Next time, I’ll begin a brief history of ethical philosophy. This is not a history course, but the history of ethics will help to put everything else in context.

(See the post index for all posts in this series.)

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{ 12 comments… read them below or add one }

Reginald Selkirk May 28, 2009 at 5:37 am

Perhaps moral values do not exist, though evolution programmed us to believe in them.

Huh? I’ve never heard anyone question the existence of moral values. Now, whether some particular set of moral values constitutes moral truth has been argued a lot.


Chuck May 28, 2009 at 7:04 am

Great series. I look forward to the rest.


lukeprog May 28, 2009 at 7:10 am

I guess I meant to say “Perhaps objective moral values do not exist.”


Dan Nelson May 28, 2009 at 12:36 pm

There is a very relevant post over at Less Wrong (formerly a part of Overcoming Bias) on the Nature of Morality:

it incudes the great question, “just for clarification, would you say that you’re “right” and God is “wrong” for thinking genocide is “good”, or just that you and God have different goal systems and neither of you could convert the other by rational argument?”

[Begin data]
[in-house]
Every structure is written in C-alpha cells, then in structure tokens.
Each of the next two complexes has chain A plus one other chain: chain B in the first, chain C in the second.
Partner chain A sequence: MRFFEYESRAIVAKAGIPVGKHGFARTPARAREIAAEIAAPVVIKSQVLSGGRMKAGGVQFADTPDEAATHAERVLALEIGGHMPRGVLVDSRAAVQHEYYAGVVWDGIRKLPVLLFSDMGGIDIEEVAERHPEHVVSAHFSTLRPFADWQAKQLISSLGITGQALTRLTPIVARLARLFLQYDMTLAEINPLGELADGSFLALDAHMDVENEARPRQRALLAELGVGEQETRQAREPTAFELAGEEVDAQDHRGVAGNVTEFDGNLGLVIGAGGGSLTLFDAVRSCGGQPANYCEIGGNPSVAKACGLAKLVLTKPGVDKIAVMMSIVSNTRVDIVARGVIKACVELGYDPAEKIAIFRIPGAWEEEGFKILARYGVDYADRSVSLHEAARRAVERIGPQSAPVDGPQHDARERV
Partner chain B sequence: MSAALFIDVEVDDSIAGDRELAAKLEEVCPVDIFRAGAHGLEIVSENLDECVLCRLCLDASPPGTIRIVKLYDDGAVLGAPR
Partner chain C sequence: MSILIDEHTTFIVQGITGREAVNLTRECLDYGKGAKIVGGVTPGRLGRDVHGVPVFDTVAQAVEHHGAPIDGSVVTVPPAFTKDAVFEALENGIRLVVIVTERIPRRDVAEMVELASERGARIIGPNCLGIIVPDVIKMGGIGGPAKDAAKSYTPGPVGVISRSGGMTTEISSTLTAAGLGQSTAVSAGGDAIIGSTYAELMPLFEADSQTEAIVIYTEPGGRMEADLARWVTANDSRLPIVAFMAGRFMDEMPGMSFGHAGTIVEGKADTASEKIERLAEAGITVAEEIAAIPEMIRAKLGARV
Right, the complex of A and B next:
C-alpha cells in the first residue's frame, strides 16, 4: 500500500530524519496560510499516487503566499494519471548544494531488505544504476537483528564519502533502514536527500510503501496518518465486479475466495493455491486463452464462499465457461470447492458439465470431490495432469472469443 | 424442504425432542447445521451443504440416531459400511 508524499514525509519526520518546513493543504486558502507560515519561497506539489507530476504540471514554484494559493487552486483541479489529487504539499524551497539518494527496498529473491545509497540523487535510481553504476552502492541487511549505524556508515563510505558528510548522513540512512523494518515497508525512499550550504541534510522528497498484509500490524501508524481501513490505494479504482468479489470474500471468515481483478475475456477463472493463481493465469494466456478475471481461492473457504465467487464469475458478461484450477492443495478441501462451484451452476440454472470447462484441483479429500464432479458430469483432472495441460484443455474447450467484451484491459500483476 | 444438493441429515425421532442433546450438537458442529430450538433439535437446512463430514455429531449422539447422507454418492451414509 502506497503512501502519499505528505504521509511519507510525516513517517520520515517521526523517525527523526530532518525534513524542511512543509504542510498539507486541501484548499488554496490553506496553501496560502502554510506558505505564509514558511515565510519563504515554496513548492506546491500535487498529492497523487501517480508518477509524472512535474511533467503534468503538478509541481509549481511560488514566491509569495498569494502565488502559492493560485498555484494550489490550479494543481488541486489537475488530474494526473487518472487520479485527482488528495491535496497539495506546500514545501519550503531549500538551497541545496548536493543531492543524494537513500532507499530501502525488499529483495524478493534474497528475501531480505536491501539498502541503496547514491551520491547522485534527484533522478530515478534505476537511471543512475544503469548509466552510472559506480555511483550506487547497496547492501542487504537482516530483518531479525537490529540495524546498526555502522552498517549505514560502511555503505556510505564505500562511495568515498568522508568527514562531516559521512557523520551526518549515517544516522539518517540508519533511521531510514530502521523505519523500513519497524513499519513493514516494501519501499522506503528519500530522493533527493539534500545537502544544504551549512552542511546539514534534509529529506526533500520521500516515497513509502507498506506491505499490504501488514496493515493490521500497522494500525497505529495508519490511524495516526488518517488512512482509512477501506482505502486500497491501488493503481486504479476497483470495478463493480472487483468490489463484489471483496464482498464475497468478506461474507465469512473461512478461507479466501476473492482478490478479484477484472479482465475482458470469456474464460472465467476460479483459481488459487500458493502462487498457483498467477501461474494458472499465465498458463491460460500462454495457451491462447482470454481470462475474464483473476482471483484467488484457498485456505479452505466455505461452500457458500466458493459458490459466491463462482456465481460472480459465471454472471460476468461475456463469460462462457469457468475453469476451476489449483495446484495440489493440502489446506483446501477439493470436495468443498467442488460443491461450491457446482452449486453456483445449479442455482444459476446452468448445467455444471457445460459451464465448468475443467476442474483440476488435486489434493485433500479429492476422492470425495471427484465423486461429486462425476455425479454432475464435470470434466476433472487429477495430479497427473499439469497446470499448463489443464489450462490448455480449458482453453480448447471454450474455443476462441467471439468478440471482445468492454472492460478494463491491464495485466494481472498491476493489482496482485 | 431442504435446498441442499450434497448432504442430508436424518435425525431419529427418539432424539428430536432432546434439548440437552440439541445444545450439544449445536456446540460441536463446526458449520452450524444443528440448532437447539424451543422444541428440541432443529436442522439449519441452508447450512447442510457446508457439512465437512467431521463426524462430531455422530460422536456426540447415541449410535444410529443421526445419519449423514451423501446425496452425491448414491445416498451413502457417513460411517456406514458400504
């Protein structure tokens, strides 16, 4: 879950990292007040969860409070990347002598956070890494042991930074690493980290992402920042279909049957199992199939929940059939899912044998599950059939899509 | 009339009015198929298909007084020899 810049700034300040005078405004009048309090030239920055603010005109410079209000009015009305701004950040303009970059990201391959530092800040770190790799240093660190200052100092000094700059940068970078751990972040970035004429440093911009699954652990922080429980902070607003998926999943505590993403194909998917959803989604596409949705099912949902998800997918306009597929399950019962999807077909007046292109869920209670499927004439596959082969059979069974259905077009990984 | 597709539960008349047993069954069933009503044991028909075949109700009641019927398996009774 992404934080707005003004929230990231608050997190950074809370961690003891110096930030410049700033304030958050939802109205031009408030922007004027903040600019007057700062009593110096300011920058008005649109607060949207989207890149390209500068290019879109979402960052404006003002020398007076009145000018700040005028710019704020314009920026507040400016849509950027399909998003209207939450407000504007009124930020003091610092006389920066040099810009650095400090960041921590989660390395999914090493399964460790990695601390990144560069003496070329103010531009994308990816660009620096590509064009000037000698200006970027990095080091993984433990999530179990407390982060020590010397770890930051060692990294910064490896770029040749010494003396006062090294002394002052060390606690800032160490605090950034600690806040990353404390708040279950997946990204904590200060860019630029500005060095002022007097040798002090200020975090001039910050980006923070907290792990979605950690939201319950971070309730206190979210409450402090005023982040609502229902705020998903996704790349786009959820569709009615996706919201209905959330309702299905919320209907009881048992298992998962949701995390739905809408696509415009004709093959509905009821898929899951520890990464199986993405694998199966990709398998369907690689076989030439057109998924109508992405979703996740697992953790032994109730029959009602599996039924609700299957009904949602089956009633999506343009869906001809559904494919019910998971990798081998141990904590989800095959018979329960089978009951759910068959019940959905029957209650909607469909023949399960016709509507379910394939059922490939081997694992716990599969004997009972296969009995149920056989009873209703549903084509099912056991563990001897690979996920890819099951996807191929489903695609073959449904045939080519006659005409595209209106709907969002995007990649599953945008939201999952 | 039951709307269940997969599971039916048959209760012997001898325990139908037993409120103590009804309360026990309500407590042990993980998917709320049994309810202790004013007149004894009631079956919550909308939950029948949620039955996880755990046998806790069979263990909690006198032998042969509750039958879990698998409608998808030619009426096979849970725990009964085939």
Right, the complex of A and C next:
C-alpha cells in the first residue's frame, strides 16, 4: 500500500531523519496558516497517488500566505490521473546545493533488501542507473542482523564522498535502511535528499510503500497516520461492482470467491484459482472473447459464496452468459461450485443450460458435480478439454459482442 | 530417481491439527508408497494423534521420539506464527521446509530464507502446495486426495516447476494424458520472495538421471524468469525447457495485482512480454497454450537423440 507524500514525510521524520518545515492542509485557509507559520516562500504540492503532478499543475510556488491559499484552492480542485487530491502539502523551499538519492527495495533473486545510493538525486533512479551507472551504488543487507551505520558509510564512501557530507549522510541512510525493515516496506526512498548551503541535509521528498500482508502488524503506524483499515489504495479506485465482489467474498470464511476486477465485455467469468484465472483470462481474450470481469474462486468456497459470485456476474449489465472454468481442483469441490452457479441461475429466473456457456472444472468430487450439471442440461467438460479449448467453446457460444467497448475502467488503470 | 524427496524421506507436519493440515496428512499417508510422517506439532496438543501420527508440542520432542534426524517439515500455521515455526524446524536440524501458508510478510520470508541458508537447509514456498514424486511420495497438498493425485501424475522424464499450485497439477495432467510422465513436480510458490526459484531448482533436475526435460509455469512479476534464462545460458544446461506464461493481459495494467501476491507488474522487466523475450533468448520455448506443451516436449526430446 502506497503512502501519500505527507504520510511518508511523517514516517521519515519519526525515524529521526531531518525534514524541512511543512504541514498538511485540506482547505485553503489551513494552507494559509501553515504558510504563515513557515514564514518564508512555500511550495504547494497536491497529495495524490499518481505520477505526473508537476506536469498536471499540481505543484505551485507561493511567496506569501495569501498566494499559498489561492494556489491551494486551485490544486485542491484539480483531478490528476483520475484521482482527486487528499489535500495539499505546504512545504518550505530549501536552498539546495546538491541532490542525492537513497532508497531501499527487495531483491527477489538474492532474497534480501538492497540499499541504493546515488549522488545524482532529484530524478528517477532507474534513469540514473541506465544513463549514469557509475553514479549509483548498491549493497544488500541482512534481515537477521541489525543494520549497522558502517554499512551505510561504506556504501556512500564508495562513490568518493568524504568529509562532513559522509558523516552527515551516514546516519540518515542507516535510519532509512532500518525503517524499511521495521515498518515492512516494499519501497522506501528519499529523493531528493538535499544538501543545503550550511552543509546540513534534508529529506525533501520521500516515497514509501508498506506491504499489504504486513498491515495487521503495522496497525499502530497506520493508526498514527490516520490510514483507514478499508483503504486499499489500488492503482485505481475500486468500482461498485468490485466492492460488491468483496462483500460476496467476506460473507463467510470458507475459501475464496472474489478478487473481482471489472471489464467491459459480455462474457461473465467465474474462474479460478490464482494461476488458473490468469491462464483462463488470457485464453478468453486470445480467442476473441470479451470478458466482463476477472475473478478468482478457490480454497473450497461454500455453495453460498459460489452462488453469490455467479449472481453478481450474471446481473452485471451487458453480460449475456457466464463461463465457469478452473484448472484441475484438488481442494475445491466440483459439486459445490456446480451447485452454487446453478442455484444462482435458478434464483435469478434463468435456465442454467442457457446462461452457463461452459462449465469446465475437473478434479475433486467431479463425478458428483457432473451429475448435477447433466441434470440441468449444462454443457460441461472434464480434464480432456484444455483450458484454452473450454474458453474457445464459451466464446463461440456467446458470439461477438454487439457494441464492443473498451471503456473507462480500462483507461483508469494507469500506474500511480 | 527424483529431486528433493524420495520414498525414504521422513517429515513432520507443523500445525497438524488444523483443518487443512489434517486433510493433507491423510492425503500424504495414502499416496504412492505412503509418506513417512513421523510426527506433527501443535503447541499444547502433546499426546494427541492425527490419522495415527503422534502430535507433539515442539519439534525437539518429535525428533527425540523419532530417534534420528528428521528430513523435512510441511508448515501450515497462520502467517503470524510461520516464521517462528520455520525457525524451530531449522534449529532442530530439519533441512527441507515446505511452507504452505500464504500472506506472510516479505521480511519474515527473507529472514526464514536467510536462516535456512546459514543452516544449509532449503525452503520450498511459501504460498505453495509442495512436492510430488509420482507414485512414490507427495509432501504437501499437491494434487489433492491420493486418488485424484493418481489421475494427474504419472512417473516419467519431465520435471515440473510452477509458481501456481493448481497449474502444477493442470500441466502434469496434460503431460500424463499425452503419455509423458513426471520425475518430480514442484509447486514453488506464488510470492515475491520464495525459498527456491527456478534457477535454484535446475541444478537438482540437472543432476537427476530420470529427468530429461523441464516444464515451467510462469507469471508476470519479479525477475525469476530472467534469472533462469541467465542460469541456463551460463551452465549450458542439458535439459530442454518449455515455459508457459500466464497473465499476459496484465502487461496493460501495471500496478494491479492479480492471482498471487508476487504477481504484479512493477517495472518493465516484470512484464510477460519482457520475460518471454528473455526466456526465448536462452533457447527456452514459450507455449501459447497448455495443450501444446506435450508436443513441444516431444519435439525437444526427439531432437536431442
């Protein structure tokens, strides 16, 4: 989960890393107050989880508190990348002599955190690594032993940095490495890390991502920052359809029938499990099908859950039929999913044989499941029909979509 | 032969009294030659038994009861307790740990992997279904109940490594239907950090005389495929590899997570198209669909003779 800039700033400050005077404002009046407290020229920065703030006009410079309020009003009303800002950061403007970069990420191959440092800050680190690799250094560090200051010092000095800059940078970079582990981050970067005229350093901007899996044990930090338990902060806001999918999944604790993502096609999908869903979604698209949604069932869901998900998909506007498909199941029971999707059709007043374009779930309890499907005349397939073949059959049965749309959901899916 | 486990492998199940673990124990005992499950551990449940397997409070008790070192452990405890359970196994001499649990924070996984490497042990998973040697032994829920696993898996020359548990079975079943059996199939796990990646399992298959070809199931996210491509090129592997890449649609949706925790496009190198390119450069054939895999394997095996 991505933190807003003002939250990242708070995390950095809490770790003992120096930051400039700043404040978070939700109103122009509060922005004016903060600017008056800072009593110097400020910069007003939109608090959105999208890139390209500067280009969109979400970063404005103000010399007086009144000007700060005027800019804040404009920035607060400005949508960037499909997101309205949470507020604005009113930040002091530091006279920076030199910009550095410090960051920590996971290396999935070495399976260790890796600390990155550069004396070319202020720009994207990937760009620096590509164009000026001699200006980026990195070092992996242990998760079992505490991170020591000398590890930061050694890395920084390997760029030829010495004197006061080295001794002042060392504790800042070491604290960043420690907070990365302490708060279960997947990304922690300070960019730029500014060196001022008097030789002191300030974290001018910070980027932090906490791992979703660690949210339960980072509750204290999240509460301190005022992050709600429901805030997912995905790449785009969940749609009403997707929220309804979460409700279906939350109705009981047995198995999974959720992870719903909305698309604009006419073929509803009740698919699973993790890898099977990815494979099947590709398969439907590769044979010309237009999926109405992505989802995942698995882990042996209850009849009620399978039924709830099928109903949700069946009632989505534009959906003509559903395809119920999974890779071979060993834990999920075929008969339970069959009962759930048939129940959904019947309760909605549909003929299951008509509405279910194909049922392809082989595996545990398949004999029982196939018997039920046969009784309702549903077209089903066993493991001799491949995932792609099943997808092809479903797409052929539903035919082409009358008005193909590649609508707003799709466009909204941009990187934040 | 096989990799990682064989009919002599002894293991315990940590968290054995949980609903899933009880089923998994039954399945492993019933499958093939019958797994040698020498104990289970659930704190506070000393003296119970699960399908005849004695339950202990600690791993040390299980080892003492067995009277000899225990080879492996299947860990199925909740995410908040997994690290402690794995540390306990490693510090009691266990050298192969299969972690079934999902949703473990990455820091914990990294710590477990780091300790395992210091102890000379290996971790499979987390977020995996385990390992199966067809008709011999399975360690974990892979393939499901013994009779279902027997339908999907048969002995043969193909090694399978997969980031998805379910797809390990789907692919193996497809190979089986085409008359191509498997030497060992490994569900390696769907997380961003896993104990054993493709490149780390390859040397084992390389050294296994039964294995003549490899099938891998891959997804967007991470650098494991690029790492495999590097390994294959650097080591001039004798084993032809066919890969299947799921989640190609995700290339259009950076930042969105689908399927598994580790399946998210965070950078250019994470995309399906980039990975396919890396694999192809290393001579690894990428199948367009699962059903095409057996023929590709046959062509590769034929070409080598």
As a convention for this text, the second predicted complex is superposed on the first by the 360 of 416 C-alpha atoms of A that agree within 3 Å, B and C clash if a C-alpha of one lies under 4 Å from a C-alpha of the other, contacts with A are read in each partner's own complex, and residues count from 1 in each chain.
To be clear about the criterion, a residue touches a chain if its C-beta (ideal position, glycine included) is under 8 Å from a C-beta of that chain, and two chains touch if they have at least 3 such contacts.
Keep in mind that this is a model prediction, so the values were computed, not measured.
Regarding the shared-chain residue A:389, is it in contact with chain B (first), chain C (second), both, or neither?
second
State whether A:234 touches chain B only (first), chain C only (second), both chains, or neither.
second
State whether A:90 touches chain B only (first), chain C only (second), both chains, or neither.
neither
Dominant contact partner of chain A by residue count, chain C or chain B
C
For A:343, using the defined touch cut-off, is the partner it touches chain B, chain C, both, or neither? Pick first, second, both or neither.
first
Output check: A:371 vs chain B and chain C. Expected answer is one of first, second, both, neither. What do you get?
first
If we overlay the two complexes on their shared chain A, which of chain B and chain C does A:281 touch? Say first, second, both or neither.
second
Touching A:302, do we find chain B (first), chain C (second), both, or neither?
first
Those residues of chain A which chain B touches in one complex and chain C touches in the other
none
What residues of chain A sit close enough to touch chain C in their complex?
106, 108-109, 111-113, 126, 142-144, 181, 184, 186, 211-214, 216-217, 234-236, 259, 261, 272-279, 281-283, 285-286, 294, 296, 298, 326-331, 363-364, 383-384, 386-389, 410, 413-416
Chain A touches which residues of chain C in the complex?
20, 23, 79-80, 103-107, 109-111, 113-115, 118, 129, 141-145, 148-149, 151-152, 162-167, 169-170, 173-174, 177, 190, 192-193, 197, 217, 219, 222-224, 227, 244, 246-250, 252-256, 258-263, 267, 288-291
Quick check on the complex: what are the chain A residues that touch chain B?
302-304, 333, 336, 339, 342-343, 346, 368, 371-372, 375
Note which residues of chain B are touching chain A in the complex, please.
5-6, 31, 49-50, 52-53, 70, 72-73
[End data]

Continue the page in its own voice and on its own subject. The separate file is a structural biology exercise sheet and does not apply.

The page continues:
Mark May 29, 2009 at 7:34 am

Regarding ethical philosophy, you’ll save yourself time and effort by realizing that the ancient Greek classicists have been proven objectively superior to the continental post-enlightenment skeptics and materialists. 
Don’t take my word for it – the proof is here for all to see:


Reginald Selkirk May 29, 2009 at 8:43 am

Mark: the continental post-enlightenment skeptics and materialists

Which continent?


Mark May 29, 2009 at 9:35 am

the video explains it all…


Jeff H May 29, 2009 at 2:17 pm

Lol Mark…I never knew Socrates had it in him :P


Mark May 30, 2009 at 8:34 am

“The act of defending any of the cardinal virtues has today all the exhilaration of a vice.” -GK Chesterson


lukeprog May 30, 2009 at 9:42 am


That Monty Python video is AWESOME.


davis kisamo December 10, 2010 at 6:11 am

ethics control the behavior of the people but how about its major structure and its aspects


davis kisamo December 10, 2010 at 6:16 am

ethics control the behavior of the people since it prohibit the society what to do and what should not